Bridging has long been an important part of Girl Scouts. It marks the girls’ transition from one level to the next, honors their achievements alongside their Girl Scout sisters, and celebrates their commitment to the Girl Scout Movement. Here are some tips for helping your girls make their troop’s bridging a fun and memorable occasion for everyone involved!
1. Use Your Resources Wisely
Each level of Girl Scouting has special bridging awards and activities (outlined in the appropriate age-level The Girl’s Guide to Girl Scouting) that can help girls decide how to mark this special day. One of the more popular methods is to hold a special bridging ceremony, but your girls may want to recognize this important transition another way--and that's fine too! No matter how they decide to celebrate, the Girl Scout Shop offers Bridging Kits for every level of Girl Scouting, which include must-have uniform items and certificates for girls bridging to the next level.
2. Add Props
3. Go Outside
As they are generally held in late spring, outdoor ceremonies can be a wonderful way to include nature in this important day. Many of our council properties would make a lovely location for the ceremony or an overnight leading up to the ceremony. The Tucson Girl Scout Resource Center even has a bridge located on the property! Just be sure to take our desert weather into account, and ensure that girls and their families bring sun protection and water.
4. Include Others
5. Personalize It
Let the girls add songs, poems, stories or activities that they love! Showcase the troop's accomplishments over the last year or two at their current level, or give your girls space to brainstorm and dream for the future. Check out Pinterest’s Girl Scout Ceremony pins for creative ideas for your ceremony that other troops have used. There is no right or wrong way to bridge, as long you are marking and honoring the girls’ progression and growth as Girl Scouts.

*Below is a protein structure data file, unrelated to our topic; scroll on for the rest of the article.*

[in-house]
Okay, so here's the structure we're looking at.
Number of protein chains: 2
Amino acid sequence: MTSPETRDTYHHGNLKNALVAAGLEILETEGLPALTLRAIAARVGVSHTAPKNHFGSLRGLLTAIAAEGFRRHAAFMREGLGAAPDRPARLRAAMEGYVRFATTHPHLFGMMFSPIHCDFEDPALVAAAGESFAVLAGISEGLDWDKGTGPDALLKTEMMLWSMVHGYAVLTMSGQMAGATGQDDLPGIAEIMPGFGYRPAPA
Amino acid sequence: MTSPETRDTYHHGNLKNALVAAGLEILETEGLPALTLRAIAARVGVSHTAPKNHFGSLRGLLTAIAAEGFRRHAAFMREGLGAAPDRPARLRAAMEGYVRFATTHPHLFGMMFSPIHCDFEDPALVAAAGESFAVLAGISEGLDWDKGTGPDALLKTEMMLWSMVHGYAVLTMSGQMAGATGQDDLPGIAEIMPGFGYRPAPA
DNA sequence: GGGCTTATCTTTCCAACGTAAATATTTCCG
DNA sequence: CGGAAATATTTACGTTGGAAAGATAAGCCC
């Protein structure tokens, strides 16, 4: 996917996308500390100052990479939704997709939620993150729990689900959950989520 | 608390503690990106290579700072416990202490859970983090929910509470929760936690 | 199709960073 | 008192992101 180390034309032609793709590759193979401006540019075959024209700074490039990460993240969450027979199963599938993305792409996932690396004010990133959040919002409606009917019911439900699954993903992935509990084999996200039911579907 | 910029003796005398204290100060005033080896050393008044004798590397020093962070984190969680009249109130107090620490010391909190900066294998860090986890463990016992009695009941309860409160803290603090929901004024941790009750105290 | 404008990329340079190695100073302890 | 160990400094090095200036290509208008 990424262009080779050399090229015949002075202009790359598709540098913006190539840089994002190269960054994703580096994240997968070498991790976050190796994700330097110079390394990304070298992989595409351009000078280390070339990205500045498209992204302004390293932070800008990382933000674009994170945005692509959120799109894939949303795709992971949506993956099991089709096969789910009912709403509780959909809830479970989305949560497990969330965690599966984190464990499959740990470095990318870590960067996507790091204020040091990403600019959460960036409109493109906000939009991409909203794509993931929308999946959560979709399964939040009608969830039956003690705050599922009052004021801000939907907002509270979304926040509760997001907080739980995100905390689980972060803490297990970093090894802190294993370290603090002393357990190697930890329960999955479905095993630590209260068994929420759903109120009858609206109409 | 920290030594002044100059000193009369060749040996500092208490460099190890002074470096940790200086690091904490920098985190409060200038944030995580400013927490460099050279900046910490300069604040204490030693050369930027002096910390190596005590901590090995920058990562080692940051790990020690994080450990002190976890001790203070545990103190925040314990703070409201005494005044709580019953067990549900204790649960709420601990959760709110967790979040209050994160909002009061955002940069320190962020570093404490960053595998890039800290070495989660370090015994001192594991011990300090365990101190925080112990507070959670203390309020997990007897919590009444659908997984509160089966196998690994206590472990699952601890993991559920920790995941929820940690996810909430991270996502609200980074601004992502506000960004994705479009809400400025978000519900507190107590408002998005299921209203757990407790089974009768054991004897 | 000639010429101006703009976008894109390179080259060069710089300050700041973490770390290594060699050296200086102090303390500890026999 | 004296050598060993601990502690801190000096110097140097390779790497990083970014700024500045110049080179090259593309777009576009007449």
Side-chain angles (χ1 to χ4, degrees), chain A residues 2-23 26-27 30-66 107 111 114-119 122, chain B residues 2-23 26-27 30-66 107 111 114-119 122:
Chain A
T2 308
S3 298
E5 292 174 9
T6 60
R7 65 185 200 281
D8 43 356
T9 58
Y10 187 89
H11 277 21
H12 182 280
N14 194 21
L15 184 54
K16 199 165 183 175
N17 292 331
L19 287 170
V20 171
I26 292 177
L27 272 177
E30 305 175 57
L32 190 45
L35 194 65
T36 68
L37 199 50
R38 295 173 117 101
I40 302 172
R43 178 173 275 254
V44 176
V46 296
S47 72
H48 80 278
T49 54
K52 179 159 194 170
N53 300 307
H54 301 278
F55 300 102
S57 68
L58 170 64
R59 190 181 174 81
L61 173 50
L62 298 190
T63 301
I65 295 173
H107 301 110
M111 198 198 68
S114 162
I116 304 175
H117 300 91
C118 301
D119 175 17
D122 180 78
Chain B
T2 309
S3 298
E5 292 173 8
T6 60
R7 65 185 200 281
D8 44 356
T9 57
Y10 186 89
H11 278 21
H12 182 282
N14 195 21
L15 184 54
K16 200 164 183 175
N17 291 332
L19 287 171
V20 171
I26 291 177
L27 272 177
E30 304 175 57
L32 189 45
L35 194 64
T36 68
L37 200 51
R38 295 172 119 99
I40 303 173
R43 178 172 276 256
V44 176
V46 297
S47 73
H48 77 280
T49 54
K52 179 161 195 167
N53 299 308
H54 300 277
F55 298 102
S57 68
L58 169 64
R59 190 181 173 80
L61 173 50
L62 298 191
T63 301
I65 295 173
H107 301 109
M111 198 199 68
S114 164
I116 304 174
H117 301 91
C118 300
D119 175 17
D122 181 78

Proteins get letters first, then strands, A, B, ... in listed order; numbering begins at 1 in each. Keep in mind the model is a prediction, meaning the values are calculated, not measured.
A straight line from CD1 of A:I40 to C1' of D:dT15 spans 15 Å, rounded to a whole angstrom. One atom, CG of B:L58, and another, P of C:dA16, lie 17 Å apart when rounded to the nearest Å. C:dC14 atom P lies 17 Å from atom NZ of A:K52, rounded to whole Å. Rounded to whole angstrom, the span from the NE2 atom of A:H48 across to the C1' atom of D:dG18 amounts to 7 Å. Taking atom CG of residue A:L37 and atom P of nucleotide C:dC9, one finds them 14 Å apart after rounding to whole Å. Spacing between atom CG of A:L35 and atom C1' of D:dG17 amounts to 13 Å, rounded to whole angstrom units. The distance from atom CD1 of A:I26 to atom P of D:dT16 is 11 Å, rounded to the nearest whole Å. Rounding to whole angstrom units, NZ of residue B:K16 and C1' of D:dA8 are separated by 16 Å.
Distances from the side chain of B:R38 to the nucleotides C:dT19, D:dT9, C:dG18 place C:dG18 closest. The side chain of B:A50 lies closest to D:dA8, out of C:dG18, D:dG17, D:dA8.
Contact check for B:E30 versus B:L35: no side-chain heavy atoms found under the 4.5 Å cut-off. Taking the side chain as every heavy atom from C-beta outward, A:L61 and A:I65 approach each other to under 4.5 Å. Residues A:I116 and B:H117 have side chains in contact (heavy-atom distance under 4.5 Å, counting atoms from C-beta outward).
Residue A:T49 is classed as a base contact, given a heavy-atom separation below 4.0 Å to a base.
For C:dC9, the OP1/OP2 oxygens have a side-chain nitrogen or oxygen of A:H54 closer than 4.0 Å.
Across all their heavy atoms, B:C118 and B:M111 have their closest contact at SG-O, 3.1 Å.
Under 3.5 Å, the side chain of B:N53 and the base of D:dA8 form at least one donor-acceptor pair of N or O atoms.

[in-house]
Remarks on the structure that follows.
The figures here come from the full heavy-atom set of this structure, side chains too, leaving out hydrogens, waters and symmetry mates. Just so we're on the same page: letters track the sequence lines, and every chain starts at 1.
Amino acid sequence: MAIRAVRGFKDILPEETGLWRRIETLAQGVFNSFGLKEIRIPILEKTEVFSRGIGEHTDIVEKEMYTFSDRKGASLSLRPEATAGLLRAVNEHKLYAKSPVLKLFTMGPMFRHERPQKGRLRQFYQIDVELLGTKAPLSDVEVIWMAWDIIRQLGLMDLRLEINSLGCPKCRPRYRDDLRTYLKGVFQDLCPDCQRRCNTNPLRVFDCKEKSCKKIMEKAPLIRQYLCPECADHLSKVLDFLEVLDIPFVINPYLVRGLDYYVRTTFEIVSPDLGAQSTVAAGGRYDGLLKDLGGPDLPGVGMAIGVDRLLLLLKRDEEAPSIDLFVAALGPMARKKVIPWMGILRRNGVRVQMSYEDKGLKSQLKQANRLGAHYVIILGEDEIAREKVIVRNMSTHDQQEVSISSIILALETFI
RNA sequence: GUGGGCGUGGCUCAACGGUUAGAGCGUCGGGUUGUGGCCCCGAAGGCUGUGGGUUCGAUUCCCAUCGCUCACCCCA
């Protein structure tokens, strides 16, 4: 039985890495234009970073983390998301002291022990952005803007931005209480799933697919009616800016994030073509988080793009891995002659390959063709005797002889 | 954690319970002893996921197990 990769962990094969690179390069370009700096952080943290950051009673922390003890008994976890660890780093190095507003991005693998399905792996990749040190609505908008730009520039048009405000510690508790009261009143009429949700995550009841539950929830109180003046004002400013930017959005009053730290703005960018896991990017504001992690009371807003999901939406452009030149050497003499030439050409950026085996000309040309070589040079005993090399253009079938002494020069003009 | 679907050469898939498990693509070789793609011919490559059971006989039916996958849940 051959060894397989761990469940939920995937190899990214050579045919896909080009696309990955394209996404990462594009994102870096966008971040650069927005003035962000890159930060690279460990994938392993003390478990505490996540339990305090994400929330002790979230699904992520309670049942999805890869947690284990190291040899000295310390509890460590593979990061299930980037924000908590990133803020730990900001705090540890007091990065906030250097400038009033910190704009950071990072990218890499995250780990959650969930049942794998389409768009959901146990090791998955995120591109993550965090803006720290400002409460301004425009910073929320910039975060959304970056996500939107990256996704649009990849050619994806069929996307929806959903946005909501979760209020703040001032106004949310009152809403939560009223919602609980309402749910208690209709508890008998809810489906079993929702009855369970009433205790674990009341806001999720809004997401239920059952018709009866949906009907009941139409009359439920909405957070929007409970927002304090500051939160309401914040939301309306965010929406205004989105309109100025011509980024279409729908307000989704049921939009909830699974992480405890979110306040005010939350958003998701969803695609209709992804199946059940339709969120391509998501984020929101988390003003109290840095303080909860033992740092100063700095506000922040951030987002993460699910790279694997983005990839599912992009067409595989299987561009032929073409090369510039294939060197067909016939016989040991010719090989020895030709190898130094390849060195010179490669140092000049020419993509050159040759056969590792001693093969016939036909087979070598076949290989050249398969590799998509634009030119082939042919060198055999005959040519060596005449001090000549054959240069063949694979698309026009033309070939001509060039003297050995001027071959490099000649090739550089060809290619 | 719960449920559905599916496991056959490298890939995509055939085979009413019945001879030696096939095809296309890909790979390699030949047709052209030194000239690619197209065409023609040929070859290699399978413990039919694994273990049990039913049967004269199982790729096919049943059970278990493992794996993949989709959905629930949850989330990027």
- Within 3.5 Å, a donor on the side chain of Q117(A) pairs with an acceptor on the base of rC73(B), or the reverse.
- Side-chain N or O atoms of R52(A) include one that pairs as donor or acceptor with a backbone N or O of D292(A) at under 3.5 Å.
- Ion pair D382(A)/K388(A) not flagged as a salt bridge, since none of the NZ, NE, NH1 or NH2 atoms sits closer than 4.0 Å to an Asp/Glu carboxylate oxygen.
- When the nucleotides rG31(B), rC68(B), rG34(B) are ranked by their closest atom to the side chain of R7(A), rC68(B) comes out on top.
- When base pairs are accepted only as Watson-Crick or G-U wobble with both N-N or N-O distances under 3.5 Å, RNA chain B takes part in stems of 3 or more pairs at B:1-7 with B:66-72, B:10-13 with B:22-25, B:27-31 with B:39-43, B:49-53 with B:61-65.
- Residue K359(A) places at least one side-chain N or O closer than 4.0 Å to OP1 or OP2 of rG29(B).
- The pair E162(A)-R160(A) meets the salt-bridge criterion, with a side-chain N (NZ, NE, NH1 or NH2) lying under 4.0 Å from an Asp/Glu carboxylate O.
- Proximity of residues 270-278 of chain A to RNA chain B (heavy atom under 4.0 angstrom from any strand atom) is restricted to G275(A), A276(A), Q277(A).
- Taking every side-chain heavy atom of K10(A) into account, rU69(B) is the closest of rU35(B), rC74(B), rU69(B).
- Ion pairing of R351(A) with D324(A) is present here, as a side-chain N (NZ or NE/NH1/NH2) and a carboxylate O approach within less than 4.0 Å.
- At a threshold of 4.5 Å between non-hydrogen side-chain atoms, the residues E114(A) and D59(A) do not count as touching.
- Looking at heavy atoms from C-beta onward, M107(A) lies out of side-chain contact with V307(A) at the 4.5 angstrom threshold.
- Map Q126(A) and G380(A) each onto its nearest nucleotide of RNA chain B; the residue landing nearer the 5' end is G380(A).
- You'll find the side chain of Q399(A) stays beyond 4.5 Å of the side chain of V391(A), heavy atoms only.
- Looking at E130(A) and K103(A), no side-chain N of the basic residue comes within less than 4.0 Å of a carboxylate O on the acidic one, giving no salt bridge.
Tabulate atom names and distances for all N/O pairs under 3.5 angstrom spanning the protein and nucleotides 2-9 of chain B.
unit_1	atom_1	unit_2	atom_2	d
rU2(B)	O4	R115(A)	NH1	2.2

Super proud of how your bridging ceremony turned out? Don't forget to send photos and stories to Jessica at email@example.com and share them with Girl Scouts and volunteers across our council.
*This post has been adapted from Girl Scouts of Western Ohio.
As a camping professional, one of the questions I hear the most is, why camp? Why, when there are so many other options, should someone choose a Girl Scout camp experience? After 20 years, I think I’ve heard every last reason from parents against adding camp to their girl’s summer schedule: “We already spend a lot of time outdoors as a family, take family vacations, and visit national parks.” “She gets plenty of outdoor time at soccer practice.” “Dance team is enough exercise.” “She has lots of friends at school.” Yes, all of these activities are wonderful, and you should encourage your girl to keep doing them—but you should also consider encouraging your girl to go to camp.
And now, because I know you’re going to ask, here’s why: Girl Scout camp is so much more than girls doing regular ol’ stuff outdoors. Yes, we offer archery, swimming, ropes, horseback riding, theater, hiking, art, backpacking, outdoor cooking, and more (so much more!). And while each of these activities are great, the greatness of a Girl Scout camp is more than the sum of its parts—it’s all of the activities, friendships, experiences, personal growth, tradition, and fun, sprinkled with camp magic and mashed together over the span of one, two, or even three weeks away from home.
Let’s jump right in to the 7 ways Girl Scout camp is so beneficial for girls (and may be the best choice for your girl this summer)!
1. Camp Gives every girl the chance to be a part of a powerful sisterhood that will have her back through thick and thin.
2. Camp is the perfect opportunity for her to challenge herself in a supportive environment.
As part of each Girl Scout camp experience, campers learn to conquer their fears, take healthy risks (physically, socially, and emotionally), and make decisions on their own. And the encouragement girls receive from fellow campers and staff makes it a safe environment to try new things, experience failure, and try again. Whether she is overcoming a fear of heights on the rock wall or trying a new vegetable in the dining hall, Girl Scout camp provides a much-needed space to explore new, and sometimes fearful, challenges that will ultimately give her the courage to challenge herself at school and in her community. That’s grit, and it’s powerful stuff.
4. Camp gives girls access to empowering mentors and role models who will help her succeed.